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The Girl Who Played Go Hardcover – 1 May 2003

4.8 out of 5 stars 6 customer reviews

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Product details

  • Hardcover: 288 pages
  • Publisher: Chatto & Windus; First American Edition edition (1 May 2003)
  • Language: English
  • ISBN-10: 0701174005
  • ISBN-13: 978-0701174002
  • Product Dimensions: 21.8 x 13.8 x 2.8 cm
  • Average Customer Review: 4.8 out of 5 stars  See all reviews (6 customer reviews)
  • Amazon Bestsellers Rank: 1,926,330 in Books (See Top 100 in Books)

Product Description

Review

The Girl Who Played Go is a sparse, delicately constructed, slowly paced novel, but no less moving for that. -- The Big Issue, April 14-20 2003

A dramatic tale of love set against the backdrop of wartorn 1930's China. Haunting and powerful. -- B Magazine May edition

Sa's language is graceful and trance-like: her fights are a whirling choreography......her emotions richly yet precisely expressed.....a moving third novel. -- T2, The Times 14th May.

About the Author

Shan Sa was born in 1972 in Beijing. She left China for France in 1990, studied in Paris and worked for two years for the painter Balthus. Her two previous novels were awarded the Prix Goncourt du Premier Roman and the Prix Cazes.


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Top Customer Reviews

Format: Hardcover
This is a really striking novel. I originally bought it because of my interest in the game of Go. However this is largely a side issue to the novel itself - although a game of Go between the two characters frames and defines their whole life. Written simultaneously from the first person viewpoint of the two main characters - a manchurian girl and a japanese soldier in the Japanese/Manchurian occupation before the Second War war it tells the story of their thoughts, lives, reactions to the world around them and the brewing war between Japan and China. Their relationships and loves, which eventually, yet obliquely bring them together. The end is gobsmacking - and not at all what you are expecting.
Marvellous book, well worth your money!
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Format: Hardcover
This unique novel is set during war time between China and Japan, and we are living inside the mind of the two progagonists, a young Chinese woman and a Japanese soldier, who meet while playing 'go' (a kind of Asian chess game) in the city square.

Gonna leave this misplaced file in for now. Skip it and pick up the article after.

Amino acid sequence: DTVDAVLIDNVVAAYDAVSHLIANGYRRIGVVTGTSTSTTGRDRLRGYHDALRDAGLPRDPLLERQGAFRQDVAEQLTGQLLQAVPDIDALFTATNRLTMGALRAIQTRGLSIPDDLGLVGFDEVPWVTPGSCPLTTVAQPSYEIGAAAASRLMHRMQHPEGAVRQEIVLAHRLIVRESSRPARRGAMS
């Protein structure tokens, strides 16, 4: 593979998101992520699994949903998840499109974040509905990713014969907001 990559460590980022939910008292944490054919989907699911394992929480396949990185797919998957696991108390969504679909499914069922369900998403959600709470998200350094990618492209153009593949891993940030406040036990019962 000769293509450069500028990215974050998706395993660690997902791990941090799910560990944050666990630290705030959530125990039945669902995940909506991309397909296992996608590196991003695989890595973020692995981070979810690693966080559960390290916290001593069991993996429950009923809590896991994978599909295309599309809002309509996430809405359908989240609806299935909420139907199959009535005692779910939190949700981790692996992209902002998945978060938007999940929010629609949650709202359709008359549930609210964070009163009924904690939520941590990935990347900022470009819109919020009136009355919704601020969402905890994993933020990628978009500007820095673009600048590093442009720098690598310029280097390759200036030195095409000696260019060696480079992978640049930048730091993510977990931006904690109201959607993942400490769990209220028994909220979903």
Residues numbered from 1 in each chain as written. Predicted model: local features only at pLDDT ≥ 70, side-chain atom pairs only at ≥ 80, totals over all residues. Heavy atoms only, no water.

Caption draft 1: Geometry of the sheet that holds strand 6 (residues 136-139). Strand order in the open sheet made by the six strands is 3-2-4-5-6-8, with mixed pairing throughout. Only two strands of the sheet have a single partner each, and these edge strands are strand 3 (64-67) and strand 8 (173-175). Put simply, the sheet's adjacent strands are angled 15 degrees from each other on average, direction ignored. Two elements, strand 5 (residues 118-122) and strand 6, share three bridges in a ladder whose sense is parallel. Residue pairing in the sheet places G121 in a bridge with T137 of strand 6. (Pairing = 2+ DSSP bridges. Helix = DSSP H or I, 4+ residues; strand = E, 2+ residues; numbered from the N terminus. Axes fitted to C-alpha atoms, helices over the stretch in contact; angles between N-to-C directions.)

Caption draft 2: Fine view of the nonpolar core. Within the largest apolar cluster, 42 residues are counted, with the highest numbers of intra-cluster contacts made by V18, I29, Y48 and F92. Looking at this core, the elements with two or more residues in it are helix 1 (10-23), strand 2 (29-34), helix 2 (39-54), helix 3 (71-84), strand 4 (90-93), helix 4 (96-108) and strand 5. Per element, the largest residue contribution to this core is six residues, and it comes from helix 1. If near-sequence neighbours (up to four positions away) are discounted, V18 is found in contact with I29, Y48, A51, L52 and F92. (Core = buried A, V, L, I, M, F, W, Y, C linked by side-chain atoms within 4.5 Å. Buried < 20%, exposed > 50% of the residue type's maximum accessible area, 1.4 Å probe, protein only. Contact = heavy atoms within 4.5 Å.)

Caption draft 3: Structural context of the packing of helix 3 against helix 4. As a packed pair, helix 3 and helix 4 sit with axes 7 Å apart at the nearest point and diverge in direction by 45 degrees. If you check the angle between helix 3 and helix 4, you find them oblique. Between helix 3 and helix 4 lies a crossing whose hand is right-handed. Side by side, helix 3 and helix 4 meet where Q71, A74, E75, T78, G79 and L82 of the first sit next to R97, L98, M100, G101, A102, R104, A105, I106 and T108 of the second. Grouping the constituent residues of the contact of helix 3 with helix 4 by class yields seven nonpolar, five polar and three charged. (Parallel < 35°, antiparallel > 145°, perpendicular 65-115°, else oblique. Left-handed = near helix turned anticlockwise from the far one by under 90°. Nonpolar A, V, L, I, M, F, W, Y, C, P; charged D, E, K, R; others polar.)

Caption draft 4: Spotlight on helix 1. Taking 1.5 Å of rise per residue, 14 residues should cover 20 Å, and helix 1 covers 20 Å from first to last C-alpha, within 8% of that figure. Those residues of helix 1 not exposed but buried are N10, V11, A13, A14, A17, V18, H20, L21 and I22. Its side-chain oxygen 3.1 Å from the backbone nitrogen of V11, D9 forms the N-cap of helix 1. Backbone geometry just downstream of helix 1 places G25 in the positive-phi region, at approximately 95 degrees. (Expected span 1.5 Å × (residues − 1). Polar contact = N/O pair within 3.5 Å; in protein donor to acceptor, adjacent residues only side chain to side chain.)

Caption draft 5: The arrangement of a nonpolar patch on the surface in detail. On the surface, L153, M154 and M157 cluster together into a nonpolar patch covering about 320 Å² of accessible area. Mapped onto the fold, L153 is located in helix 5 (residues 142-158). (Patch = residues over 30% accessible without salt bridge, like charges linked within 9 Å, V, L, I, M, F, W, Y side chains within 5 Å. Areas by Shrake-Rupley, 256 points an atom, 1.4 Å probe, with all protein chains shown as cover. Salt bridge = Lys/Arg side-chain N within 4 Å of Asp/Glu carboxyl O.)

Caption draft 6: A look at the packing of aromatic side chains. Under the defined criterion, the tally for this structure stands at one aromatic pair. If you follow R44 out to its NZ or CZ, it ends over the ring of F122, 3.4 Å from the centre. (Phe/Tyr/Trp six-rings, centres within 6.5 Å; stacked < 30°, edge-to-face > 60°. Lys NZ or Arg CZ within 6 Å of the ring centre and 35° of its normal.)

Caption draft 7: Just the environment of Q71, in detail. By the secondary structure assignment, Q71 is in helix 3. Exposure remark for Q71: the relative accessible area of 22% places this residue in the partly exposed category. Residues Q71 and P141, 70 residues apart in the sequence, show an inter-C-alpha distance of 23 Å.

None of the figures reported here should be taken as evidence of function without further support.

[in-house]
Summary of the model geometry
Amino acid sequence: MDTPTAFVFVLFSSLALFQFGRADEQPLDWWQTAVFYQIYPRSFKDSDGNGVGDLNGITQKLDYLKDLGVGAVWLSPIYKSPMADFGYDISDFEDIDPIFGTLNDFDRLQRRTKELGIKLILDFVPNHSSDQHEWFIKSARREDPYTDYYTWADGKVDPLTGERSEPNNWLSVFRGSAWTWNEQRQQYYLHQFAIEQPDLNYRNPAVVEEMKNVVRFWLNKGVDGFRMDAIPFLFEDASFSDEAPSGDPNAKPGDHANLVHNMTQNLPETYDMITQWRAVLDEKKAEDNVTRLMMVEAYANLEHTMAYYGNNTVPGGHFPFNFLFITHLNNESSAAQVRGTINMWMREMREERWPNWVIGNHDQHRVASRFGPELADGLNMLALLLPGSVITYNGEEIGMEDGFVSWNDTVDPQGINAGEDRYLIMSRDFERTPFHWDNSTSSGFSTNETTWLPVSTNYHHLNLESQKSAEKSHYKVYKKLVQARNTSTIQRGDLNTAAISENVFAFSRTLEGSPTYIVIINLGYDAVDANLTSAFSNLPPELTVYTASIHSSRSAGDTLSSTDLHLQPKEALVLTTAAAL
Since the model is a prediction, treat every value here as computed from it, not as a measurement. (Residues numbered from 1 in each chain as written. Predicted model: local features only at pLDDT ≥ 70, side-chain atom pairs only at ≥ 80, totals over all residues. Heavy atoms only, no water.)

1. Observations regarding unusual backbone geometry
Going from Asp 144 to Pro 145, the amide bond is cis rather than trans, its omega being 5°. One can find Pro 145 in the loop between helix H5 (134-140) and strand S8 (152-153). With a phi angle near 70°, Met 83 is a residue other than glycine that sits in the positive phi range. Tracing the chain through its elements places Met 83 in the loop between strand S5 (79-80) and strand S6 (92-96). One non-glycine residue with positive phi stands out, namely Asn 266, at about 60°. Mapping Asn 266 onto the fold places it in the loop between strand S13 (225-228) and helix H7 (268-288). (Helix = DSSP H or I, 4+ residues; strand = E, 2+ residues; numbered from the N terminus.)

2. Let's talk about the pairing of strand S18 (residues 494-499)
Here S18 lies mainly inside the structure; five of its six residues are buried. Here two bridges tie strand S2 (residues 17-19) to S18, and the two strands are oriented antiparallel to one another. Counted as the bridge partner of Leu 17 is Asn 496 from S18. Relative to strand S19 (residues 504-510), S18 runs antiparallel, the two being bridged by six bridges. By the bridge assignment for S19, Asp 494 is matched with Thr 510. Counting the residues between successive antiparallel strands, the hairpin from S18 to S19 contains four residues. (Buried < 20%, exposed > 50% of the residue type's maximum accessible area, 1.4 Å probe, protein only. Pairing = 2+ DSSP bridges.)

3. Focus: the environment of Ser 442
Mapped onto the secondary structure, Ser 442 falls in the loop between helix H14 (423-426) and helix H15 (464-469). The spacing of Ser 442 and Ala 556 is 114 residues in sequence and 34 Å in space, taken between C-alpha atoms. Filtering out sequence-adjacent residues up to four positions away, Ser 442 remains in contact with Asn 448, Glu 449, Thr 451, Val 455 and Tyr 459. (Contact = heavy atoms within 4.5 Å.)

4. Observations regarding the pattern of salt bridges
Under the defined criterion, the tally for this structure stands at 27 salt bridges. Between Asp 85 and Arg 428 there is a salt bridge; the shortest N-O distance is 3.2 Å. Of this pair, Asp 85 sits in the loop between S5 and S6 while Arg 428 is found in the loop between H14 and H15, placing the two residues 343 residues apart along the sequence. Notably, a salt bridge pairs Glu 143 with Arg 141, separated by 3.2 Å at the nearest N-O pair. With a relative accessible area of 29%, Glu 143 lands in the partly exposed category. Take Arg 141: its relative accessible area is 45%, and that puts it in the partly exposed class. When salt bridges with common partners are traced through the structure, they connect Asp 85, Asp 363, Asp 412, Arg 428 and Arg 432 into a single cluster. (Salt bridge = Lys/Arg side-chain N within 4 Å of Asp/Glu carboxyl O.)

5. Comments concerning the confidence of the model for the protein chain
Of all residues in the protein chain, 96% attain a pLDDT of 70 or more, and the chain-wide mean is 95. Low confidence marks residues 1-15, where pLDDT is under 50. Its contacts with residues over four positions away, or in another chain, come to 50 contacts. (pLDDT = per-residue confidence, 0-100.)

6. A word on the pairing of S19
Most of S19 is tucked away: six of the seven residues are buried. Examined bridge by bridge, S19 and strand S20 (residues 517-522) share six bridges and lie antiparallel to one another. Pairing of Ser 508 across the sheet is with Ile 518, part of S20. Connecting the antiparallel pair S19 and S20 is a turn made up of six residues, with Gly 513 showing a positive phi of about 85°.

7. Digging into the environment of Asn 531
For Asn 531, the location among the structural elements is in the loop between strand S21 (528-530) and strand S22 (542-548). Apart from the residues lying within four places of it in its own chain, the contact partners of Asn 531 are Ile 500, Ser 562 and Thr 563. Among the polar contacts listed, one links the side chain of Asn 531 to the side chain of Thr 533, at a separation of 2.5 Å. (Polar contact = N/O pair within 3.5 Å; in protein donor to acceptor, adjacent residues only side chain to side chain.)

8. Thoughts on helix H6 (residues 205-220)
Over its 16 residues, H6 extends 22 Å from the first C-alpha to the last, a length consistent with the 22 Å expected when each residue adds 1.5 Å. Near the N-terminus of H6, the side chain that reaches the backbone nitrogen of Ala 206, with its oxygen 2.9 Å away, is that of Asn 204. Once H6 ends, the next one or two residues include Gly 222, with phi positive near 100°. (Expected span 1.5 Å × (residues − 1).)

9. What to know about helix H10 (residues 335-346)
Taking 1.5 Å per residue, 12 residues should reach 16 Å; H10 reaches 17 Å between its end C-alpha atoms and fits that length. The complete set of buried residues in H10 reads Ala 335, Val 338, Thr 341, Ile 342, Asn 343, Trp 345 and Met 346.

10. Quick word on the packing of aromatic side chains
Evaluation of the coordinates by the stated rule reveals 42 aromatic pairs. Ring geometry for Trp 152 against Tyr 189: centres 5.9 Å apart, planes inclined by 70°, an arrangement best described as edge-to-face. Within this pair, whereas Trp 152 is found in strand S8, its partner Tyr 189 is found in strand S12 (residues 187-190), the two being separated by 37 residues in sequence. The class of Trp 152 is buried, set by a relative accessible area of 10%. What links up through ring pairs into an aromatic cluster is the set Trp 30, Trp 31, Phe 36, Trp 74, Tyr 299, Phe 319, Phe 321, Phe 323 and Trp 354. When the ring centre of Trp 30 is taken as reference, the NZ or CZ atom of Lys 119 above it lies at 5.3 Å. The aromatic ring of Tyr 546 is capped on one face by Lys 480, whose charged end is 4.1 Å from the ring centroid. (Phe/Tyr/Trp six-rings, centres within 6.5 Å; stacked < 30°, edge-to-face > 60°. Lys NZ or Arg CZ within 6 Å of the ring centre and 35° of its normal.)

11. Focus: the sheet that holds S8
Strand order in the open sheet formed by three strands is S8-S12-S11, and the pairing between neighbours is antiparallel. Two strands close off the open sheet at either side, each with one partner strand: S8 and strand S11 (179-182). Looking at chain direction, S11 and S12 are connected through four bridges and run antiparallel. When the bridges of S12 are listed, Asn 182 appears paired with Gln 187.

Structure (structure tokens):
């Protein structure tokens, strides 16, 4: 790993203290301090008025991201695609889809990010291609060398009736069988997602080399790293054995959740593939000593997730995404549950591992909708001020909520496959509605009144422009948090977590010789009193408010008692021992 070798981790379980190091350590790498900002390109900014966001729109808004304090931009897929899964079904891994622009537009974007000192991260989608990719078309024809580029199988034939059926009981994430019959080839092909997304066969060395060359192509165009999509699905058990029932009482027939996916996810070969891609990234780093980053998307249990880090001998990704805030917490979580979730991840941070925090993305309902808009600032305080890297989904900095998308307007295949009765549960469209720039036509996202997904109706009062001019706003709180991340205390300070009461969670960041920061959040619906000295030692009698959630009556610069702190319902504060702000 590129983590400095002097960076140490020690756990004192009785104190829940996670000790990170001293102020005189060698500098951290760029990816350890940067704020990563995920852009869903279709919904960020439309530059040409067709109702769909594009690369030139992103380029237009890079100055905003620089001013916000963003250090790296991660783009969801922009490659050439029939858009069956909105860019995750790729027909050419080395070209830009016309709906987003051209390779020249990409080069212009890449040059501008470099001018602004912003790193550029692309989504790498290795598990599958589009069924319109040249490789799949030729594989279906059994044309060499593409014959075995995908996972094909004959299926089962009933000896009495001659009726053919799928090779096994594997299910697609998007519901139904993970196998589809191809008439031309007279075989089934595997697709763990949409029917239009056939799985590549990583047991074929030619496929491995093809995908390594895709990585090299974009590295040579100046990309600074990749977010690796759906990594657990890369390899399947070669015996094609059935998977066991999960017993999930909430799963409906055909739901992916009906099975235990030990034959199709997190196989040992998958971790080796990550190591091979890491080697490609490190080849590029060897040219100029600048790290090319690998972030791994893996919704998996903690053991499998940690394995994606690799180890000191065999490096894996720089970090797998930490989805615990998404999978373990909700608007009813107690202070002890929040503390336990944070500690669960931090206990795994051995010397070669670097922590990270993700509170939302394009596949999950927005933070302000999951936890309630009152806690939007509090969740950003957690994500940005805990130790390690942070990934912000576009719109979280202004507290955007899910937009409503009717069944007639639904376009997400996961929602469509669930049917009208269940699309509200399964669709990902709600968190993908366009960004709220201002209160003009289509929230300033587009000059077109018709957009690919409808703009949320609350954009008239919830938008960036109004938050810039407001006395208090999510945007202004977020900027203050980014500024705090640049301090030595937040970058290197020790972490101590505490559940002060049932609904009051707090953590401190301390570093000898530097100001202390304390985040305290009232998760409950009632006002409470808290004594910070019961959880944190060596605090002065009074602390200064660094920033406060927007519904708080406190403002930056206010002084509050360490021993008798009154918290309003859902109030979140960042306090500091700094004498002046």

The writing is powerful, poetic and disturbing, and the story is gripping enough to make you want to read to the last page. There are some very vivid and violent scenes, so this is not a novel for the faint-hearted. The translation from the French holds amazingly well (not something common in all works translated) and at times it's hard to believe this work wasn't originally written in English--well done Adriana Hunter. Both characters tell their stories from the first view point, and my only criticism is that there isn't much difference in the voices (they both seem to have the same gift for describing details), and at times, particularly towards the beginning, I couldn't tell immediately which chapter belonged to whom.
However, it certainly a memorable novel, and I strongly recommend it.
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Format: Hardcover Verified Purchase
I read this about 5 years ago, with great pleasure. Set in Manchuria in the 30s, it documents the early life of a western educated Chinese girl, contrasting eastern and western cultures. In the latter part of the book, in her 20s, living under Japanese military control, and working for the Chinese resistance, she develops a relationship with a Go playing Japanese security officer. It is an intelligent and compassionate book, well written, a page turner, and most revealing about that period of history in the far east. The game of Go, among other things, represents the subtle but brutal interactions between Chinese and the Japanese invaders - but also the power struggle between man and woman, destruction and construction. Go is a constructive game, unlike chess. An excellent novel which I would recommend especially to lovers of Go, people, politics, eastern modern history, WW2, romance and spy thrillers. It contains about three scenes of delightful sex and cruel violence, which though not gratuitous, could be upsetting to those of a sensitive disposition. A good read, well edited, and not too long, my recall of the book is many vivid images, though I never saw the film.
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